Tuesday, March 24, 2009

Revenooers vs. the Moonshine


Is it hopelessly populist of me to say that I think we could use a lot more of this — defiant, lawbreaking moonshine-makers — and a lot fewer regulators and central economic planners?

And don’t get me wrong — I’m not knocking material prosperity when I praise this guy’s backwoods lifestyle.  On the contrary, I think his attitude does more to increase wealth than does the bean-counting of the regulators, and that’s a good thing.  In addition, though, as Brian Doherty once observed, having a population full of ornery drunks, as America did to a much greater extent two centuries ago than it does today, may be the easiest route to keeping us ungovernable and thus free.

To get back to economic prosperity for a moment, though: I often wonder how much freer we’d be today if not for the unfortunate fact that the creative types got it into their heads sometime around the early twentieth century that material wealth is at odds with, rather than conducive to, creativity and intellectual activity.

I notice that the episodic play Penny Dreadful, which ends this coming weekend, appears to borrow from the Grant Morrison comic book The Invisibles the idea that the flapper vibe of the early twentieth century is tied via time travel and a sense of imminent cultural transformation to the year 2012, which some of the mystics, hippies, and apocalyptics of our day have decided to treat as the next  epochal turning point (per ancient Mayan propechy, blah blah blah).

Mystical nonsense aside, though, economic optimism tends to encourage not just money-making but other beneficial forms of culture-making as well.  (Does anyone really think the current financial climate is as conducive to optimism and creativity as, say, the end of the Cold War or the days of the dotcom boom?)

So, if you want to put a spring in your step, poets, abolish the Fed (source of our boom-and-bust business cycles), privatize currency production, deregulate, un-tax, shut down the government leaving only a residuum of privately-enforced property law, and watch the human race and its arts flourish like never before.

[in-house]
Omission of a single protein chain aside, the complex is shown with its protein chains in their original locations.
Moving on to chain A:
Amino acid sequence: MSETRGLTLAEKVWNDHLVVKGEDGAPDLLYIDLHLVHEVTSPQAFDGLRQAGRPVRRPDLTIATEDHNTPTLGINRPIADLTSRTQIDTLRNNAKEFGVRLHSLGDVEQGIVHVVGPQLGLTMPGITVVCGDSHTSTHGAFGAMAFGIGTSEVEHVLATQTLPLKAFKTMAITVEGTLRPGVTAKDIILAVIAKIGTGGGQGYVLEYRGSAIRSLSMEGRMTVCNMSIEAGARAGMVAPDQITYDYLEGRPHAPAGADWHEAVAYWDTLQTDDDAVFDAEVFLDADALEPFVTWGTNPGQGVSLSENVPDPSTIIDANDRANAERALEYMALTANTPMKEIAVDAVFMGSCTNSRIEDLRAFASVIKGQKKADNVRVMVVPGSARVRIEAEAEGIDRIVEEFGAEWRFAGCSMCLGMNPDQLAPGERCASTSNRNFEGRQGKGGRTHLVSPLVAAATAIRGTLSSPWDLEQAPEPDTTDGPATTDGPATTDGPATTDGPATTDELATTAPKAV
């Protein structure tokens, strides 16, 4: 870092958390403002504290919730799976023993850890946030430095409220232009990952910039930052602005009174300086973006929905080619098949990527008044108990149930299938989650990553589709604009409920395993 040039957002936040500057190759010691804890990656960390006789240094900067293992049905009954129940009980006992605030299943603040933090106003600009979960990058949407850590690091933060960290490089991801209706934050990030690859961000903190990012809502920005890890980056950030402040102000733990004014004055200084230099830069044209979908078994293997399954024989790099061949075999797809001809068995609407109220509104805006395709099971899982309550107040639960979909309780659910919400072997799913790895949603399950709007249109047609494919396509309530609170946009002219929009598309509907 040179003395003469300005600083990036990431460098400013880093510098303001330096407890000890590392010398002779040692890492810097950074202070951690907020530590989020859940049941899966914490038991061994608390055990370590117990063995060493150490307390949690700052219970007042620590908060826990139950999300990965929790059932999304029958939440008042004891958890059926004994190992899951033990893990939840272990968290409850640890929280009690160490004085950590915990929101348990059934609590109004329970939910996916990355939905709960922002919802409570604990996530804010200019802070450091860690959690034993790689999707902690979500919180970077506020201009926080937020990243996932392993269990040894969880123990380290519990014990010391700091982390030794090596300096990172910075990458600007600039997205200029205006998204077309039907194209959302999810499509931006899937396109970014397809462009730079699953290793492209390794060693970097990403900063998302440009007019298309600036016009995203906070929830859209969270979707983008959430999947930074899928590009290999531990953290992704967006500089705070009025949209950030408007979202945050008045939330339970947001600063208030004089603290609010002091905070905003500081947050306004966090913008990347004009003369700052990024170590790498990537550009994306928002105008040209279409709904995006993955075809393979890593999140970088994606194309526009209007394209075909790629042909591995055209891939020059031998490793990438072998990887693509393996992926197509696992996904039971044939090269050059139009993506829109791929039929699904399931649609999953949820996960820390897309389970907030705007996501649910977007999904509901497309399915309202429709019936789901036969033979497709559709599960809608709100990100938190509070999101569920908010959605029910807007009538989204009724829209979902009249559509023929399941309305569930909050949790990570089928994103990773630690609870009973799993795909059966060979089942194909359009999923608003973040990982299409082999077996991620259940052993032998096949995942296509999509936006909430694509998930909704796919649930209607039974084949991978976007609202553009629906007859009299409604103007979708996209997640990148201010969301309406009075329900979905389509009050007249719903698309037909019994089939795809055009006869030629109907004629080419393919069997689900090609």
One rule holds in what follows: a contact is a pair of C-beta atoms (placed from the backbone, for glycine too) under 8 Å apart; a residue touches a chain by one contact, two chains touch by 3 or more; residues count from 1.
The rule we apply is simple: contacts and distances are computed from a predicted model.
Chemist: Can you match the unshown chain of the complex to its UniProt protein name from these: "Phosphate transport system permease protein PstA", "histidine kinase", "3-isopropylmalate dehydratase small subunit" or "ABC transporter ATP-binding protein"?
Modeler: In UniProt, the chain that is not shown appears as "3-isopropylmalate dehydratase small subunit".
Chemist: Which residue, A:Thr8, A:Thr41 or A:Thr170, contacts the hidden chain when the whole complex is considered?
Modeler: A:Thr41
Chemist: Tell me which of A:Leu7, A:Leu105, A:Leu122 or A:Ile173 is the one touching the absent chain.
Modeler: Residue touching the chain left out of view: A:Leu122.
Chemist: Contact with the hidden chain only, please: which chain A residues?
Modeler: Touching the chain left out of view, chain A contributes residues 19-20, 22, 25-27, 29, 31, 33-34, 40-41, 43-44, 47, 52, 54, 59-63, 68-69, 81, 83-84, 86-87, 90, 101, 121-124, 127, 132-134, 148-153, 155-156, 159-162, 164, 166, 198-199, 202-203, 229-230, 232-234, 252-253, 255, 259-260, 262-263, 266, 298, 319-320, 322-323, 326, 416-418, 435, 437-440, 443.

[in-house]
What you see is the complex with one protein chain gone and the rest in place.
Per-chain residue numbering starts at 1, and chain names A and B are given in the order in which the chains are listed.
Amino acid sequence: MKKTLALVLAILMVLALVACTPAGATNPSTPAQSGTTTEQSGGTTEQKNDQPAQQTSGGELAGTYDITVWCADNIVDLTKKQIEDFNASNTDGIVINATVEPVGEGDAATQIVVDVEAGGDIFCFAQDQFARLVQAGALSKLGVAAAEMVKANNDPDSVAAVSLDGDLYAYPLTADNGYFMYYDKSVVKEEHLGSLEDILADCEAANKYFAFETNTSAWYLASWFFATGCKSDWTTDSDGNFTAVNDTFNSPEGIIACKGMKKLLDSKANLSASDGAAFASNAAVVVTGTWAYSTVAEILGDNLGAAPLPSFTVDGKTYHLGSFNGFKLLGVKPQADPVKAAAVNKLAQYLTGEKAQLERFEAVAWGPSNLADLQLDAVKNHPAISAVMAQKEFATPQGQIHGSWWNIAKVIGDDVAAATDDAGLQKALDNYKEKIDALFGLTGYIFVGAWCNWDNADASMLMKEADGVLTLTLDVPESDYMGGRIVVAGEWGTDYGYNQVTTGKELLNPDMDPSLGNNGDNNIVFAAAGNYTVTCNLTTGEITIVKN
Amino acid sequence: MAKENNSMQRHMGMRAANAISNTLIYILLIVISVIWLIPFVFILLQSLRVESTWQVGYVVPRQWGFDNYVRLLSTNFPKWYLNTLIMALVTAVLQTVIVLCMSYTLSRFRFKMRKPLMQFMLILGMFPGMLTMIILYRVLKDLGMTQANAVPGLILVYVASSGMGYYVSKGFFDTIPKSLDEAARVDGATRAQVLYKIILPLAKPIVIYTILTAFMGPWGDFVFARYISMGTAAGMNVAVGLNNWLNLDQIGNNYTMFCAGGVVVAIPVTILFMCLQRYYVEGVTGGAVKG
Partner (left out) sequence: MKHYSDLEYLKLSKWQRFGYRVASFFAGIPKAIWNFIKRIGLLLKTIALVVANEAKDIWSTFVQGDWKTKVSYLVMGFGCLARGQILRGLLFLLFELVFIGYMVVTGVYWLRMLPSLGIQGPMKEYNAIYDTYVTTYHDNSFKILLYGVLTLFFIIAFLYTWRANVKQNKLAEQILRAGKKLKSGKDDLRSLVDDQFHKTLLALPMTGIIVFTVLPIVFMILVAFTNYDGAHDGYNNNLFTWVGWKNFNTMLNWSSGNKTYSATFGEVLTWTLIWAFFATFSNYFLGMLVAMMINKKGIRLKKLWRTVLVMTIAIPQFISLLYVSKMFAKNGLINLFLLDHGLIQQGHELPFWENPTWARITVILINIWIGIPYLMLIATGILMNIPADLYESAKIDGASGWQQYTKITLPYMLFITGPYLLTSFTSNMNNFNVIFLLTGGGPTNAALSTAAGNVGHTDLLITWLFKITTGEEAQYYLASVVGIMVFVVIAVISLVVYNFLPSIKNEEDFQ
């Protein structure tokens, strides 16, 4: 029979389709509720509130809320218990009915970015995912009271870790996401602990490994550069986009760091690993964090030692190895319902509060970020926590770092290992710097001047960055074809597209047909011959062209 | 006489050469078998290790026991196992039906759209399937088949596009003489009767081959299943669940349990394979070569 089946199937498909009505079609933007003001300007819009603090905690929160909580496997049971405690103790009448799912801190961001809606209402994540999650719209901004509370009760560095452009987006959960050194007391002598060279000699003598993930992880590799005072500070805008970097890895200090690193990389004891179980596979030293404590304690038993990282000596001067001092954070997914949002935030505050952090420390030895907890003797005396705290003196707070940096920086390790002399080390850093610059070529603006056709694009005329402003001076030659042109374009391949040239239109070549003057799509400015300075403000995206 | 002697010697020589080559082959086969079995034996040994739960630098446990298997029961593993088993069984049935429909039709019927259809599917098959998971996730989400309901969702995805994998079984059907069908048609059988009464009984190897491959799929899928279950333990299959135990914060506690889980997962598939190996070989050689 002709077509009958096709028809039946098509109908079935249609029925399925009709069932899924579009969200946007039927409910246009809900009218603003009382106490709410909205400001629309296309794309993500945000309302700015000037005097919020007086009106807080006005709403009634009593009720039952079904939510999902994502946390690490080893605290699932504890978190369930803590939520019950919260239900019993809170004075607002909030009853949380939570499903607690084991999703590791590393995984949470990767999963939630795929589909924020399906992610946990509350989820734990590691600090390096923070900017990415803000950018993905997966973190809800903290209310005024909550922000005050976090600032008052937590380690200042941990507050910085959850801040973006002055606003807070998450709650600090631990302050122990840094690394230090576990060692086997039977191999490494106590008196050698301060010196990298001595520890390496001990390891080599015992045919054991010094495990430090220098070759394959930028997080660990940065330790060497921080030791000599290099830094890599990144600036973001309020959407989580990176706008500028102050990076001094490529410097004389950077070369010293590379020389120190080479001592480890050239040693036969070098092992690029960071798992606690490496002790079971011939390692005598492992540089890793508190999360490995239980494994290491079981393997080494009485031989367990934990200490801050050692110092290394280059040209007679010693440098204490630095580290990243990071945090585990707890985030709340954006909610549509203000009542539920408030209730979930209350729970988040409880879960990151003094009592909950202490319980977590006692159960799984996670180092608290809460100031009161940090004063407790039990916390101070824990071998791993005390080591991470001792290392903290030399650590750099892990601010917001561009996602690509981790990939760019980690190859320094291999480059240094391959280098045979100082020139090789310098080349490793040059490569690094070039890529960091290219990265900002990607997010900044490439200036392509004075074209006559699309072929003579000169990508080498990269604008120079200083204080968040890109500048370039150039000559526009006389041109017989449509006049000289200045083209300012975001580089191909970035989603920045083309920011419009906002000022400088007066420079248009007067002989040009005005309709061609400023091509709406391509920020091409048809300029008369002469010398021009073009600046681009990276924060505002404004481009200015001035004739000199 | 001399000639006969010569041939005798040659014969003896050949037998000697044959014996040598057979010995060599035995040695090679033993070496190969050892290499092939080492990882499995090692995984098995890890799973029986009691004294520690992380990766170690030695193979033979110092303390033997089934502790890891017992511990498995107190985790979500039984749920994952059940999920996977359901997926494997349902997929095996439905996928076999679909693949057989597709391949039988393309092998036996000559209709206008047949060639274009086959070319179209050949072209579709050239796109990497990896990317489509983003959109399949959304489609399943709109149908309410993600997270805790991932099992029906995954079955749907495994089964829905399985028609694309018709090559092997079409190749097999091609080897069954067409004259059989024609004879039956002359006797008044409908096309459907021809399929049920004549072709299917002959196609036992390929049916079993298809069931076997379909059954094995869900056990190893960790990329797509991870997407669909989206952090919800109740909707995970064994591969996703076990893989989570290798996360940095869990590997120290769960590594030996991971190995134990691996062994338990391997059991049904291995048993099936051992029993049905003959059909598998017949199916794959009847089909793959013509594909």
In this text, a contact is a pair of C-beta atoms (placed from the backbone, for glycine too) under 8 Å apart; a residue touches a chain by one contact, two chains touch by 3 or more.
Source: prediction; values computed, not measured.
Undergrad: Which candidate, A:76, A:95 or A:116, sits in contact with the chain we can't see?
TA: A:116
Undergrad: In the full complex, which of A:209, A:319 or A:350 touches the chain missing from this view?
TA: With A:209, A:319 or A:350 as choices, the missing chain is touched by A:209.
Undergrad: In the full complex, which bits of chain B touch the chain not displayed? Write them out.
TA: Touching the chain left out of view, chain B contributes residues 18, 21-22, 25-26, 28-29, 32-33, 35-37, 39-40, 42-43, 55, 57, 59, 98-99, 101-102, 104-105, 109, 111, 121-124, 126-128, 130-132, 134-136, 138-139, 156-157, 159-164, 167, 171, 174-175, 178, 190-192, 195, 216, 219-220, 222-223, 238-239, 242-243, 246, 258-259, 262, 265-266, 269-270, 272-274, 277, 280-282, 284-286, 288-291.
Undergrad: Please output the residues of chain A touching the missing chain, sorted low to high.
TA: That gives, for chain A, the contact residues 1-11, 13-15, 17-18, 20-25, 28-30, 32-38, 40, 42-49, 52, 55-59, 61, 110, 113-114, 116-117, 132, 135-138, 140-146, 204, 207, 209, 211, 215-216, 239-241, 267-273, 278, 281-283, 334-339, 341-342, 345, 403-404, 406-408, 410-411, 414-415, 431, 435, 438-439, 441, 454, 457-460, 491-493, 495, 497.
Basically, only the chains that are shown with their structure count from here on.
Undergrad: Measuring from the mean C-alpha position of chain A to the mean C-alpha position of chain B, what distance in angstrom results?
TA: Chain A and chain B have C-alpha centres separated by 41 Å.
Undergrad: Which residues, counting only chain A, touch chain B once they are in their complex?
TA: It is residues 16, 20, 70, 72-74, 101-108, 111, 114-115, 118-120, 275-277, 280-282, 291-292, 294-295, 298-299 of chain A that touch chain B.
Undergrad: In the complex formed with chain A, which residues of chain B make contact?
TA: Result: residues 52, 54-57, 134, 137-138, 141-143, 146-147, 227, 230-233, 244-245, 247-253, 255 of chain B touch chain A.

That may sound as nutty as the propechies of a flapper-era spiritualist to some, but tough — my patience has run out, and I’m no longer interested in any philosophy’s gradualist half-measures leading nowhere.

1 comment:

Todd Seavey said...

Speaking of squelching creativity in the name of combating “money,” I see the shameless, rotten totalitarian bastards at the _New York Times_ have a board editorial today cheering the court decision that banned an anti-Hillary-Clinton documentary, saying videos that might influence elections should not be shown within three months of the elections (or primaries), in keeping with campaign “reform” laws.

They hope the Supreme Court will affirm the decision — yet no doubt hope newspapers will continue to retain _their_ freedom to opine about candidates, in keeping with a battered thing called the First Amendment. And hey, if you were the Times, you might want everyone else silenced, too.

Makes me want to see the anti-p.c. documentary _Indoctrinate U_ at 6pm tonight (at 2nd Ave. and 12th) that much more.

Never ceases to amaze me when free speech — the one value I’d think _all_ Americans, right or left, would share to some extent, gets so easily ignored. If we’re producing students who pride themselves on shouting down opponents’ ideas and editorialists who call for bans on editorializing, the culture has failed horribly somewhere along the line.